Carol Conway has been slinging brews, burgers, and tall tales at Huntsville, Utah’s Shooting Star Saloon for 30 years. The short, stout, nice-as-spice bartender gets lost behind the bar at Shooting Star, but she isn’t short on personality. If you act cool and laid back, she will tell you tales of Utah’s Wild West—how the bar went from a trading post with mountain men drinking whiskey in the basement to it’s current state as an après ski watering hole for skiers and riders from nearby Snowbasin and Powder Mountain.

The saloon is notorious for its “our way or the highway” attitude, a stuffed St. Bernard, ghosts and the $12,000 worth of dollar bills pinned to the ceiling. The building was built as a trading post in the 1850s, turned into a saloon in 1879 and served liquor and beer throughout Prohibition. It wasn’t until 1992 that Utah law restricted the saloon from selling booze—now it’s just a beer and burger joint, but a darn good one.

Shooting Star

The bar accepts only cash but don't expect to grab a few dollars off the roof. They're all signed by past patrons. Photo By Ryan Thompson.

As sweet as she is, Conway is the keeper of the strict Shooting Star Saloon policies. Case in point: A male customer comes up to the bar to pay, handing her a credit card. “Sweetie, we don’t take cards,” she said. “Cash only.”

It boils down to this: If you think you’re special, put a sock in it. Conway doesn’t care.

“It’s not rude, it’s not arrogant, a cash business is a good business,” she said.

If you ask for a vegan meal—you’re in the wrong place. The bar opens at noon and closes at nine. Even if you’re Jack Nicklaus, you have to abide by the strict hours—Conway once shooed him away after coming by after hours to have a swill.

Conway says big wigs will come in and spread money out on the bar and say, “What does it take to keep the bar open past nine?” That doesn’t sway her. “We do things our way, and if you fit, you fit and if you don’t, you find a place that fits you better... [because] everyone is important here, it doesn’t matter who you are.”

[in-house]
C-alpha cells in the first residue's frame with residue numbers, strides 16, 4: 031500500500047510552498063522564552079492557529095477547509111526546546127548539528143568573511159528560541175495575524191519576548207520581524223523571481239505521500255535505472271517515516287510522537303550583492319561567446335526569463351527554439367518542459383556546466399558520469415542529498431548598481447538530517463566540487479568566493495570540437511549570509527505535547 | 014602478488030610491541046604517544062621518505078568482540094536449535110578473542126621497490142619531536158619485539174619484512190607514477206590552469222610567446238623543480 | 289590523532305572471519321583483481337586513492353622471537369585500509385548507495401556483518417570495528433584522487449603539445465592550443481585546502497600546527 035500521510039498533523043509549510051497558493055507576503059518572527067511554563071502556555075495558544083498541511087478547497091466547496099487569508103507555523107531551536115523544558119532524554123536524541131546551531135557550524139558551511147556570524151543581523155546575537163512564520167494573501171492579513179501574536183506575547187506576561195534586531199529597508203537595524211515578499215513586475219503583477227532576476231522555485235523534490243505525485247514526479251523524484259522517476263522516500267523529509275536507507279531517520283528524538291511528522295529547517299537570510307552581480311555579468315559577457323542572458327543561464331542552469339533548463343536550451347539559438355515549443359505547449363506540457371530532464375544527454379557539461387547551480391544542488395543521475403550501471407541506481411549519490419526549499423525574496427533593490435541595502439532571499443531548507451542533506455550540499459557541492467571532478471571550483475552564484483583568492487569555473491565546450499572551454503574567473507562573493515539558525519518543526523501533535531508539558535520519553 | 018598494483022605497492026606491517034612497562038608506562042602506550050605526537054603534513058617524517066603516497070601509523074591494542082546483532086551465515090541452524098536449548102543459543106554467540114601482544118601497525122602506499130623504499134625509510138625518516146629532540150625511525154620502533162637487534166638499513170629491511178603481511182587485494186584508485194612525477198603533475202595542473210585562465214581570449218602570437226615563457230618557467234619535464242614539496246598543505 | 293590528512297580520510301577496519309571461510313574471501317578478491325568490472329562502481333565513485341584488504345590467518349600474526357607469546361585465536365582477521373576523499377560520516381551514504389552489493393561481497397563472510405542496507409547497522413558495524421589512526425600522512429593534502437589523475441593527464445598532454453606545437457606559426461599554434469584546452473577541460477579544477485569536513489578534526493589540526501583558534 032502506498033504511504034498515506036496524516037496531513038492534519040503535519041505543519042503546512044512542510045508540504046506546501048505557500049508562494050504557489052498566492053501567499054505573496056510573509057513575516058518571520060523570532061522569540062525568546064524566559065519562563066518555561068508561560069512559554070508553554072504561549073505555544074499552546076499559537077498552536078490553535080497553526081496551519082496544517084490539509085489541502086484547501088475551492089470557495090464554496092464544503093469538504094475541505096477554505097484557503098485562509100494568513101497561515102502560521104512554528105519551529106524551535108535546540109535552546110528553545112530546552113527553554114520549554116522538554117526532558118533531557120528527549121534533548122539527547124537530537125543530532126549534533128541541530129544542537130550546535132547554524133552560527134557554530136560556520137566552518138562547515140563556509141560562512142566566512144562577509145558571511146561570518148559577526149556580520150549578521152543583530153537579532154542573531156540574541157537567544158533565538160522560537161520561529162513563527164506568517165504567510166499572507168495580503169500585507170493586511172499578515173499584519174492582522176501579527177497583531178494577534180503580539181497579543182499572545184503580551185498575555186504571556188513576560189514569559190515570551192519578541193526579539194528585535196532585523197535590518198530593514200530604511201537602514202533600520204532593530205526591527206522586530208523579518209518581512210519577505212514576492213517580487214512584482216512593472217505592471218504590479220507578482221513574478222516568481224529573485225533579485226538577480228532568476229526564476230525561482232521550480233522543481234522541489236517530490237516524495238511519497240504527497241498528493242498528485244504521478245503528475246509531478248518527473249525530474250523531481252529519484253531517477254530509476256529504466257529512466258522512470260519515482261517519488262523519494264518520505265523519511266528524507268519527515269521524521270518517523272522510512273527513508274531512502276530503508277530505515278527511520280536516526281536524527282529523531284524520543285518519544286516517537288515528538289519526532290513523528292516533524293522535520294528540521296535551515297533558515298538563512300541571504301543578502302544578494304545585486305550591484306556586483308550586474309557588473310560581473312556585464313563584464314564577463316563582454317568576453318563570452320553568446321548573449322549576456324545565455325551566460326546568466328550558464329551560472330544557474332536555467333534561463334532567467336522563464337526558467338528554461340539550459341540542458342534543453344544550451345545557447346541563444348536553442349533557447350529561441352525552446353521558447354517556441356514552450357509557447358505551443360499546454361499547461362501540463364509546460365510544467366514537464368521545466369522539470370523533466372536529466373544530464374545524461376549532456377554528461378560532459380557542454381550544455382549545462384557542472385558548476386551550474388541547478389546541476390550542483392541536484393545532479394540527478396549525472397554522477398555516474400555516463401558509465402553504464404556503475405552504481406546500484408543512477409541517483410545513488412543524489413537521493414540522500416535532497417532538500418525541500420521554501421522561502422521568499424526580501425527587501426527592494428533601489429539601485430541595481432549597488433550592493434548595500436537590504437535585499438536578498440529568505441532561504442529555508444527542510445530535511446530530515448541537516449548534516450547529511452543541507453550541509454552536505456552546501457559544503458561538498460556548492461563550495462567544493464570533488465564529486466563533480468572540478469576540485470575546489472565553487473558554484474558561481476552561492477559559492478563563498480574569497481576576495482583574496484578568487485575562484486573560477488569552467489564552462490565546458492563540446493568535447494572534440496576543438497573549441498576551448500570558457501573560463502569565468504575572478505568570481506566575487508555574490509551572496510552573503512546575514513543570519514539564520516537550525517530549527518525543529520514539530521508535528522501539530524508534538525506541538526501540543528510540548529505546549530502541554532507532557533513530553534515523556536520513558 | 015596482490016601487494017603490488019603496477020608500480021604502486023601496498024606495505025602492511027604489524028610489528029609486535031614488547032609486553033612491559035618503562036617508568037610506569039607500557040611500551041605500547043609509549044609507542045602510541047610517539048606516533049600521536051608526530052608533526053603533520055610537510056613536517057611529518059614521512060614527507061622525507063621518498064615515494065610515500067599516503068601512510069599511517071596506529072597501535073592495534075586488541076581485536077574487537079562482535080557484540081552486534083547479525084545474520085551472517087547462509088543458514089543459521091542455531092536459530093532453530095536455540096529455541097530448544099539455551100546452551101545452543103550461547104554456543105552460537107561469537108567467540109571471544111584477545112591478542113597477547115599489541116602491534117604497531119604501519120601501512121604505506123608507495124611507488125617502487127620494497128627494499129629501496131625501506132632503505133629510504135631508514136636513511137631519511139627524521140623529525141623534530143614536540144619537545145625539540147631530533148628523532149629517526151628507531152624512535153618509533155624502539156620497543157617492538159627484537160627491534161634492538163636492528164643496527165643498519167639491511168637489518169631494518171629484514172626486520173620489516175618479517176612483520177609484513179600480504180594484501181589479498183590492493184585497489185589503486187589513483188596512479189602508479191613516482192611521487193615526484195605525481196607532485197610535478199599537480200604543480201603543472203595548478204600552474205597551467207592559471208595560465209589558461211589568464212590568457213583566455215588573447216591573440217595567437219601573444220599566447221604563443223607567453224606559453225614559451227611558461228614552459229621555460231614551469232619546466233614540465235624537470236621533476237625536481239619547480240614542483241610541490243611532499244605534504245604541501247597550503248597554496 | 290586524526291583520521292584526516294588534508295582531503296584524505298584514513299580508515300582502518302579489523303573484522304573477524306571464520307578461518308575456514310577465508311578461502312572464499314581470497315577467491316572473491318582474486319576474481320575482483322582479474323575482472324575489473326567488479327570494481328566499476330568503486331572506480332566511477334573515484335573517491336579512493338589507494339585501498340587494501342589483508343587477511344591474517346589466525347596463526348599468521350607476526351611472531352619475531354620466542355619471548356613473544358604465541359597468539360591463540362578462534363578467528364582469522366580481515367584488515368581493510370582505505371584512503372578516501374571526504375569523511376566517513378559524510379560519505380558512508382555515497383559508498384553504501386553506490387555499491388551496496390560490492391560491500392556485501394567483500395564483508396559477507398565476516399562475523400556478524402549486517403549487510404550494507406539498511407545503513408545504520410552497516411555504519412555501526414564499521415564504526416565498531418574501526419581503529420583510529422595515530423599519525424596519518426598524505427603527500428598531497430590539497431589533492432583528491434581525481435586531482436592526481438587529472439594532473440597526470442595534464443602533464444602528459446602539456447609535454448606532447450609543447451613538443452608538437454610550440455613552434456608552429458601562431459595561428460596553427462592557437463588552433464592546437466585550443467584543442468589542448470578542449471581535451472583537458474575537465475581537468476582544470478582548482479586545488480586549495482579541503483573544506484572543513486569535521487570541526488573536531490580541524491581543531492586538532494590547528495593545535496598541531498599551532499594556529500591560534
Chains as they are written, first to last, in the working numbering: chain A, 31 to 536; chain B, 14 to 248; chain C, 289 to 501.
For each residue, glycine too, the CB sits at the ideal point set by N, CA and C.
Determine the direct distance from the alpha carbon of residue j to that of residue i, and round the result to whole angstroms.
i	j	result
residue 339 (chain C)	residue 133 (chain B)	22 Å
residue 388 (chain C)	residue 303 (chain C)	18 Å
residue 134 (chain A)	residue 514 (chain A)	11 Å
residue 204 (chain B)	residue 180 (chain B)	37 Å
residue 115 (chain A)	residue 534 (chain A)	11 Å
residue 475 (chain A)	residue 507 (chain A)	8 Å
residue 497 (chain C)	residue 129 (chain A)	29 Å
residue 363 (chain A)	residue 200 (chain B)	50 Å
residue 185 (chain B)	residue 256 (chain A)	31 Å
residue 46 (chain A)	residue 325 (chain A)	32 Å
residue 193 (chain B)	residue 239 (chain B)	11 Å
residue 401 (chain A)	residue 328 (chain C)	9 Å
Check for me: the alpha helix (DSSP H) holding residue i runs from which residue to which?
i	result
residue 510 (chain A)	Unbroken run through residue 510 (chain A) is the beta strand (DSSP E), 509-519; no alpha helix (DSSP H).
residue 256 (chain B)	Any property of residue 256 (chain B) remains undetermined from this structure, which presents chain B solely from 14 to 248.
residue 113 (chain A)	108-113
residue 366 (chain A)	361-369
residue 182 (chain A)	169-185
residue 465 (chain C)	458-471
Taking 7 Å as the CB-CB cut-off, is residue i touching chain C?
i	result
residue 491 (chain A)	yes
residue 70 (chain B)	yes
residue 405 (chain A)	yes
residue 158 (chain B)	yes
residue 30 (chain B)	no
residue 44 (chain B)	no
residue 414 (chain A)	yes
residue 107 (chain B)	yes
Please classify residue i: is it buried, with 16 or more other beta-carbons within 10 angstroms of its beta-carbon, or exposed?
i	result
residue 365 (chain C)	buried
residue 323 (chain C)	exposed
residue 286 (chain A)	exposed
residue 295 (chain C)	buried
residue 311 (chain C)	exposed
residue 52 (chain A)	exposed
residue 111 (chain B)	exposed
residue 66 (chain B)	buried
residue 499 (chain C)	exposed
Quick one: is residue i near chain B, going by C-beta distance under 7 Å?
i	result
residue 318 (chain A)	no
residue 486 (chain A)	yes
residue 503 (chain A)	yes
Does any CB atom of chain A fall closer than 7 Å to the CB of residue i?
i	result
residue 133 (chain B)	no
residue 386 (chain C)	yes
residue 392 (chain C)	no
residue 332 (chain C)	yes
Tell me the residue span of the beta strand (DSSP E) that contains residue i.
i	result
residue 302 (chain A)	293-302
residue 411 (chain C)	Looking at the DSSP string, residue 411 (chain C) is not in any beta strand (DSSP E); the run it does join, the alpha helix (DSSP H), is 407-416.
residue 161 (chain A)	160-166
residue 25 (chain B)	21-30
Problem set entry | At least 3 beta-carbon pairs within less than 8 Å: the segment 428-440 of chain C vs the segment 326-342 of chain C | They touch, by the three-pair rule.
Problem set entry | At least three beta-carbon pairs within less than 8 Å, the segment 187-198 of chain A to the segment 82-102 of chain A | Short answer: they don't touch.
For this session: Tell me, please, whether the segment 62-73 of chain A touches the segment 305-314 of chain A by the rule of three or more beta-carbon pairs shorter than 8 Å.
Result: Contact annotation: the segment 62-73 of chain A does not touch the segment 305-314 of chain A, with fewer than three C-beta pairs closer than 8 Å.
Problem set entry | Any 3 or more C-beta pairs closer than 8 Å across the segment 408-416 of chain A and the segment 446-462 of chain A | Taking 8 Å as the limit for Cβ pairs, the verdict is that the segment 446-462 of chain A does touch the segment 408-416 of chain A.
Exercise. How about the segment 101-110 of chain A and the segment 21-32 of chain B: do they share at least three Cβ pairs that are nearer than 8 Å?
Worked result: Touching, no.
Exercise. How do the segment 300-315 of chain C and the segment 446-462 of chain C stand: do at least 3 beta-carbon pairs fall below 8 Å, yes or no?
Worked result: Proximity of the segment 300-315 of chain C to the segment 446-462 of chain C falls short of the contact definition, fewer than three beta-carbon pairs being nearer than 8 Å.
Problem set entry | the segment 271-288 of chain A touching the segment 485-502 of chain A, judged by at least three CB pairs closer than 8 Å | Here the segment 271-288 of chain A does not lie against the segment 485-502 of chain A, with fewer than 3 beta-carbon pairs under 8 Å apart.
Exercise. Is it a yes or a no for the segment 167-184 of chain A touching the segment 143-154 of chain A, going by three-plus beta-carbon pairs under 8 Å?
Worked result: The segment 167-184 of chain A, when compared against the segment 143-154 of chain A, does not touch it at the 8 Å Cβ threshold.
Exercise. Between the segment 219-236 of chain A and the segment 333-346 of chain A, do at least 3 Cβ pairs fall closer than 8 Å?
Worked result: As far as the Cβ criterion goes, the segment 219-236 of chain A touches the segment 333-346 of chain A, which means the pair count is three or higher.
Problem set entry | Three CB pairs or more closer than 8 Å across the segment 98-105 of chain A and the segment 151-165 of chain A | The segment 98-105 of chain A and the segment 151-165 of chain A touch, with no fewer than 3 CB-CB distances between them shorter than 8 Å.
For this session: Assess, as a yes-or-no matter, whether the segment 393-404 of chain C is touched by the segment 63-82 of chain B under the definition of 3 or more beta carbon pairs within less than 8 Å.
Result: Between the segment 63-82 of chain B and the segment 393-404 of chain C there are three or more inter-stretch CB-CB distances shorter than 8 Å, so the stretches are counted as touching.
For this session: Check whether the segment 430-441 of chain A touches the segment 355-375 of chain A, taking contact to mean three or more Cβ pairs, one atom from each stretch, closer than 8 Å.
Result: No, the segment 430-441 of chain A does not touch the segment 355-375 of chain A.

The saloon has had seven owners, all have taken an oath to keep it the way it is—the philosophy, character and the Wild West feel. That’s part of the deal. In fact, the first owners are known to haunt the place—likely keeping Conway honest. After all, she’s the only bartender at the joint—works seven days a week even when the wait for burgers is three hours and 150 people are jammed in the building during high season. She likes the ghosts, they don’t creep her out one bit, they just add more ambiance to the place… like it needs anymore.

Shooting Star

This isn't your upscale joint. Stuffed heads, vintage beer posters and memorabilia pack every inch of wall space. Photo By Ryan Thompson.

Besides the famous stuffed and mounted St. Bernard named Buck, there’s a bathroom scribbled with signatures, a ceiling filled with bills dating back to 1901 that are signed by customers, an old juke box and antique cash register—stuff that should really be kept in a museum. To top it off, there is the cardiac arrest Star Burger (two beef patties, polish dog, and cheese) for $7.25. It’s the best in the state, and tasty. Remember: just burgers and beer, no fries—don’t fret, you do get “fresh” Lay’s chips with your meal.

“People ask if there is another menu all of the time. I’m like ‘hold on, let me get the secret menu from under the bar for you,’” Conway said with a impish grin, like she sure has a blast messing with people. “We’re thinking about creating a ‘special’ menu with all of our same menu items but double the price.”

This place is old fashioned, and based on it’s success, it has the right to be. The burger hasn’t changed in 70 years since the saloon started serving food; and the beer selection rarely changes either. It is what it is, and that’s why people love it. And if you have a chance to visit, chit chat with Conway about the history—as long as you don’t bring attitude, she won’t bring it either.

Shooting Star

Patrons include cowboys and bikers and of course the brightly-clad skier just coming off the hill. Photo By Ryan Thompson.

Open seven days a week, noon to 9 p.m.

7350 E 200 S
Huntsville, UT 84317
(801) 745-2002